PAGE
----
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ThereAndBackAgain last won the day on May 7 2017

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About ThereAndBackAgain

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  • Birthday September 24

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    West Virginia
  • Interests
    Life, the Universe and Everything
  • More About Me
    From childhood Catholic to lukewarm conservative Christian. But now the spell is broken. I've come to realize I was probably always an atheist by nature.

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  • Still have any Gods? If so, who or what?

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  1. ThereAndBackAgain

    What question could Christianity never answer for you?

    Those feeling are familiar to us all, I think...
  2. ThereAndBackAgain

    I have new respect for myself.. Thank God I am not her...

    I’ve always thought it’s too easy to reproduce. It should be harder to figure out.
  3. ThereAndBackAgain

    My Long-Awaited Introduction

    Hi Questioner, I’m so glad that you introduced yourself after years of ‘lurking’! I did the same for a year or two, as I think many others did too. It’s nice to be able to read others’ deconversion experiences while you’re gong through your own, without needing to declare yourself. But then it’s rewarding to start participating too, to feel like a member of the tribe. I’m so sorry about your health problems. I can’t say I know what you’re going through, but it does make me happy to know about the journey you’ve taken in your mind and the peace you’ve found. It’s wonderful that we life in a time when, through books and the Internet, so much knowledge and so many ideas are available to us without even having to leave the house! The mind can travel to places that no plane ticket can buy! Like you, my inability to take the concept of Hell seriously was a big factor in m deconversion. I never truly bought the idea - never. It was here in these forums that I learned just how flimsy and obviously man-made the very concept of Hell actually was: just like Satan you can trace how it clearly evolved through the Bible over the centuries. The fact that there are some people here who are still haunted by their fear of Hell is a testimony to the awful - and often destructive - power of religious beliefs. So I do congratulate you on your deconversion and I’m so happy you’re one of us. I understand that you won’t be able to post very much but I’m glad to know you’re among us just the same!
  4. ThereAndBackAgain

    Advice from the unequally yoked club

    Ann, I endorse every word RealityCheck wrote. Both the encouragement and the caveat. I still encourage you to continue and see how it goes.
  5. ThereAndBackAgain

    Advice from the unequally yoked club

    Well I can talk about that too... I deconverted within the past five years. Around the same time we left the fundamentalist church and started going to a Catholic church, which we still do and which I actually like in a way, even though I have zero belief in the theology. While my wife was never hardcore fundamentalist (neither was I) and is even open to questioning some aspects of Christianity, and even though our relationship is strong and we are each other’s best friend, there is always the feeling of walking a tightrope. On the one hand I think she loves me more than she loves Jesus (and I’m definitely better in bed 😈) and things are really good now, but I have this fear that if we were faced with some major crisis, like a terminal illness, then my lack of belief in God or in the afterlife could become a big source of sorrow for her. If if it was just me and her, I think she would likely get less religious over time , but she goes to a Christian ladies group and a Christian-leaning book club and I worry about the pull she might feel from those quarters. I just try to be the best husband, friend and lover that I can be. Right now things are good. I hope you’ll hear from other unequally-yoked ex-Christians. There seems to be a wide variety of experiences in that respect.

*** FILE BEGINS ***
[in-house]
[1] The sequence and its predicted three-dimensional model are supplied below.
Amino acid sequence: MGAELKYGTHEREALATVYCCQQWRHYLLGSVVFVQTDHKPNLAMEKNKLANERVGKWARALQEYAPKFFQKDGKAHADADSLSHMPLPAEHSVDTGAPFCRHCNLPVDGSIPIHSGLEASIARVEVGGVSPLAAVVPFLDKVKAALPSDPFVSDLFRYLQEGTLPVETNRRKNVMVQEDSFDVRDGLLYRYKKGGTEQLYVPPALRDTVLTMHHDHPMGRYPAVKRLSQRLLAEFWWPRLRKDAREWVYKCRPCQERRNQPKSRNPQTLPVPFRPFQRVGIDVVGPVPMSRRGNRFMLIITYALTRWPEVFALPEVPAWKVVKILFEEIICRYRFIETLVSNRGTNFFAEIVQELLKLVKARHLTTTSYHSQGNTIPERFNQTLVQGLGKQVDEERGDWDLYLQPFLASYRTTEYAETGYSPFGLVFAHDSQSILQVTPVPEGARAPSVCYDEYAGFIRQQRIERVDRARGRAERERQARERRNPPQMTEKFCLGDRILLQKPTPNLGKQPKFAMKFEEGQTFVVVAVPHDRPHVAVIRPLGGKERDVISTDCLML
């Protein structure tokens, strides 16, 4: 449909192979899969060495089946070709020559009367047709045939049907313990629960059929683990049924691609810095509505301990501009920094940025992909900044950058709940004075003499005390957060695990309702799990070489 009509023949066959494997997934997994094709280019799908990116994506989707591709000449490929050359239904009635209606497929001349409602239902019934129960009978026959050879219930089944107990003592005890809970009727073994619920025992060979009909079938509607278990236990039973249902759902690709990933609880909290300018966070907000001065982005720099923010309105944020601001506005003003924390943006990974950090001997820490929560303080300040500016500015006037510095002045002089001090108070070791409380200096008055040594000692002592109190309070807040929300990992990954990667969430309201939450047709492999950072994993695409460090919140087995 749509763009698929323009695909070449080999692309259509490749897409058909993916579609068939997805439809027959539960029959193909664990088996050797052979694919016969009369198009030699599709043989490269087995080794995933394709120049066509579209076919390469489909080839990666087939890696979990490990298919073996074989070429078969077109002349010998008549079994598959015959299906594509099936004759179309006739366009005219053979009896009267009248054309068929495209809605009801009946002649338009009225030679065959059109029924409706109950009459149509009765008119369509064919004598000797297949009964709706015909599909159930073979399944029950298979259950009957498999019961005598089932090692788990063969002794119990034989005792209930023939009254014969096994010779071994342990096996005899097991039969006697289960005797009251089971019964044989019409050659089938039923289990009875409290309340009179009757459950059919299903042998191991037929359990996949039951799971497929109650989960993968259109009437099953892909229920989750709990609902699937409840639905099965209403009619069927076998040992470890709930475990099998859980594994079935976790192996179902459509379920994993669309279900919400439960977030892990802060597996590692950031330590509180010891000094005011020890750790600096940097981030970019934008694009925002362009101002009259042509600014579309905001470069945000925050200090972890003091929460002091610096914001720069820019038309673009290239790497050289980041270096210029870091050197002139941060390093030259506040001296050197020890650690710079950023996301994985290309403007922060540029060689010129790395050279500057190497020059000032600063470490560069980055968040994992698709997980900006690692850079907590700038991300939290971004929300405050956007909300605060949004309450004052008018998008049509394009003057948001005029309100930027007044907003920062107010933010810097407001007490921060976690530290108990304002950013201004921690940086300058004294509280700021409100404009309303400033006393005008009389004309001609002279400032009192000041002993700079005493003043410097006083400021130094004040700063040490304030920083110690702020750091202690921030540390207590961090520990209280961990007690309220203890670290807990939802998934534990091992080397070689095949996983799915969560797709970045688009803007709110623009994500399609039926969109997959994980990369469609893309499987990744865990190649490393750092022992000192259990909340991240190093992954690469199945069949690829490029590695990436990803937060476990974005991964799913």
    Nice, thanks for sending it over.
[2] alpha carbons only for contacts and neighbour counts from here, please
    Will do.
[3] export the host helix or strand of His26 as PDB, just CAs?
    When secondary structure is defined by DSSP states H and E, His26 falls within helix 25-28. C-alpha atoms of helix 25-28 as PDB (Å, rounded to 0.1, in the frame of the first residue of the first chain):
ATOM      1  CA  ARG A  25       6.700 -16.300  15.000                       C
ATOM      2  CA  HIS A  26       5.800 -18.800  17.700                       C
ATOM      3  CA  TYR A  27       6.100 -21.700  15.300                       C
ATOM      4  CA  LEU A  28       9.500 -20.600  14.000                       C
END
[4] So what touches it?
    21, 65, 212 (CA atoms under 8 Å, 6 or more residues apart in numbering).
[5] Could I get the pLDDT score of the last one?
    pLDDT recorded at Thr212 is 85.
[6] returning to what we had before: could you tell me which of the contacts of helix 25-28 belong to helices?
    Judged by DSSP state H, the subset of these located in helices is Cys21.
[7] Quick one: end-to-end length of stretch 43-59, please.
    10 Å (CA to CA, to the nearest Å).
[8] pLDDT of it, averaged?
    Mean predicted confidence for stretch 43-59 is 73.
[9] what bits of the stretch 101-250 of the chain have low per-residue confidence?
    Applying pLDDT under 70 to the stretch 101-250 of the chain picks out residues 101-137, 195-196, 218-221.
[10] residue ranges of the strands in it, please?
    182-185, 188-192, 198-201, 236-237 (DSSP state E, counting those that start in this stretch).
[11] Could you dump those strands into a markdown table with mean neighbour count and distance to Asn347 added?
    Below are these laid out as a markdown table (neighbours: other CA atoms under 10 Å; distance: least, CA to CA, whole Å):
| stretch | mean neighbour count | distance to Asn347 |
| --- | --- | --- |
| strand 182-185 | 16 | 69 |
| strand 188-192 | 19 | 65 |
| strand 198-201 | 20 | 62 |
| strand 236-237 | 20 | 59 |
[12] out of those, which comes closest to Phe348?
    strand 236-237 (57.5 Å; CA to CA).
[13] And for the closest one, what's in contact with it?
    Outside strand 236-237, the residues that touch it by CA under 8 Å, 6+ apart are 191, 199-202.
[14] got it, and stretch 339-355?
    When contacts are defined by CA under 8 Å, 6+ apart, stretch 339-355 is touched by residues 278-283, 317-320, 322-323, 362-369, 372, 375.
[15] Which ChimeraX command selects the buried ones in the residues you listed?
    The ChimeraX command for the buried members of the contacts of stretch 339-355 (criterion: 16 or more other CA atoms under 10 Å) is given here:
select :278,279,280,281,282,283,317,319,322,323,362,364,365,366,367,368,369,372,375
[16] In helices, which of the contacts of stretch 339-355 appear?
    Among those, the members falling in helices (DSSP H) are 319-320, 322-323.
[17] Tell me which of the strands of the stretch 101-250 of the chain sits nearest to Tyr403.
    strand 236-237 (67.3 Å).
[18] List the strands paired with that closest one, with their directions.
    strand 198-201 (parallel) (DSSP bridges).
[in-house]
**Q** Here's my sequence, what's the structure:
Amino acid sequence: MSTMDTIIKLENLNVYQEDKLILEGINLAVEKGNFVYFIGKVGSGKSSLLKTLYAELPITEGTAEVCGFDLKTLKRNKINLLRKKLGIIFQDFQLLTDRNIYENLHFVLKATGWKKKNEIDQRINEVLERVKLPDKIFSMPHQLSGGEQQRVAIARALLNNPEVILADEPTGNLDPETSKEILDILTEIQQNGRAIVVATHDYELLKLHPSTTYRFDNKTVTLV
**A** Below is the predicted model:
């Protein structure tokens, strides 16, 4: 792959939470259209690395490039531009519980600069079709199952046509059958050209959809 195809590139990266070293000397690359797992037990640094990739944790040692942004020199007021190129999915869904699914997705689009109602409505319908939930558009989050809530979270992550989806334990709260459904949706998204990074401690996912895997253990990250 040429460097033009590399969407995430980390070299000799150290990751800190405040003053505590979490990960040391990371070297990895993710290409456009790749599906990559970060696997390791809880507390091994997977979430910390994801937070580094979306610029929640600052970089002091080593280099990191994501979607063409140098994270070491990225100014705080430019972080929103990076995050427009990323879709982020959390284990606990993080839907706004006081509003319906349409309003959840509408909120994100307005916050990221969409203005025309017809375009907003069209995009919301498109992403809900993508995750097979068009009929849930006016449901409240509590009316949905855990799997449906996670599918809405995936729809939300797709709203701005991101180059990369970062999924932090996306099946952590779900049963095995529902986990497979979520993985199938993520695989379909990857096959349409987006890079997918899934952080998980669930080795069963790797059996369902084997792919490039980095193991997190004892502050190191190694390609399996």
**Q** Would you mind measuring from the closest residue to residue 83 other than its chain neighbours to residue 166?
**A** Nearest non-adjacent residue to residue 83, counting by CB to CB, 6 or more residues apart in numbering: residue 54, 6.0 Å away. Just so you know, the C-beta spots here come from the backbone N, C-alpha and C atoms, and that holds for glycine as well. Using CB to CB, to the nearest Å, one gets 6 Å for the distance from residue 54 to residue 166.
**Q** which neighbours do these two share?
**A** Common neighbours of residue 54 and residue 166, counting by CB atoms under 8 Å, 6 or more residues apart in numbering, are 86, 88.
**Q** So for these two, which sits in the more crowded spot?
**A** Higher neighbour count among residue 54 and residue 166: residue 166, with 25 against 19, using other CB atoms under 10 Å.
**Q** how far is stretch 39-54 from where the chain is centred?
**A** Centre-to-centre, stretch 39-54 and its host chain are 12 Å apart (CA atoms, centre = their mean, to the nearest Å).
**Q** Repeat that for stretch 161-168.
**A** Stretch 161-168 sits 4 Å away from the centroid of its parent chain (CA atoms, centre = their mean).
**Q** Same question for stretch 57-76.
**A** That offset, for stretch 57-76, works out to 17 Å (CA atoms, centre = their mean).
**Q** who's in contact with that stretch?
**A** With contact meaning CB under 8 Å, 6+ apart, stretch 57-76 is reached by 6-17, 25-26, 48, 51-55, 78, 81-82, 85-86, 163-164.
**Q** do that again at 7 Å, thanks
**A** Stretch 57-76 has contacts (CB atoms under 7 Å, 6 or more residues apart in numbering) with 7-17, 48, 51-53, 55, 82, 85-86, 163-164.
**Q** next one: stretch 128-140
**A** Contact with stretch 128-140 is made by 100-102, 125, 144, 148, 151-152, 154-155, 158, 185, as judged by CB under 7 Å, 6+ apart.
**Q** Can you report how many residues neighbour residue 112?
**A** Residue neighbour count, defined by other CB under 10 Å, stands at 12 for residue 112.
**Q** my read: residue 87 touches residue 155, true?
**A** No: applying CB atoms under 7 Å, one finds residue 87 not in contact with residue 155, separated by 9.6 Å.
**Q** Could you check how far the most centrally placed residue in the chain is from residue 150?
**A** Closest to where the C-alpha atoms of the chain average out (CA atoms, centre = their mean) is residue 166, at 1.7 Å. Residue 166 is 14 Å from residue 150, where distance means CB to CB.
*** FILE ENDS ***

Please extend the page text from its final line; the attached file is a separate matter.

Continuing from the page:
6. ThereAndBackAgain

    Advice from the unequally yoked club

    Hi Ann, When you get back with ‘the one that got away’, my attitude would generally be ‘don’t let him get away again’. He sounds like a good guy and somebody you could share your life with. But before going any further, are you guys young enough to be having kids together? That’s the biggie. I’ve seen a lot of guys like him live ‘lives of sin’ (meaning that they’re normal healthy red-blooded men) but then turn around and become Full Christian when they have kids. Maybe it’s for the benefit of community, or maybe they think they can’t raise good kids without religion. Even people who never darken the doors of a church become religious when kids come along. And this guy is already going to church and fellowshipping with ‘godly men’ who are likely to influence him in the wrong direction. Surely you wouldn’t want kids of yours to be indoctrinated into Christianity. So I personally don’t think I could have kids with somebody with even his level of religiosity. Taking young kids to church would be out of the question. On the other hand, a guy like this could also go the other way, with some luck and if you don’t inadvertently push him toward Christianity. Christians like him experience pretty high levels of cognitive dissonance, enjoying certain sins but also feeling some level of guilt, believing but also seeing some of the more obvious problems with Christianity. Many of us here used to be that guy, and now look at us! So I’m inclined to advise you to wait and see. I would give serious thought to the implications of having kids with a believer. I’d strongly advise against marrying or having kids with him if he’s still going to church at that point. On the other hand, if you can show him - by example - the benefits of living free of religious dogma - and if he could bring himself to let go of Christianity and the cognitive dissonance, maybe you can one day introduce him to us as a new member of Ex-C! I think it’s worth a shot. Let know how it goes...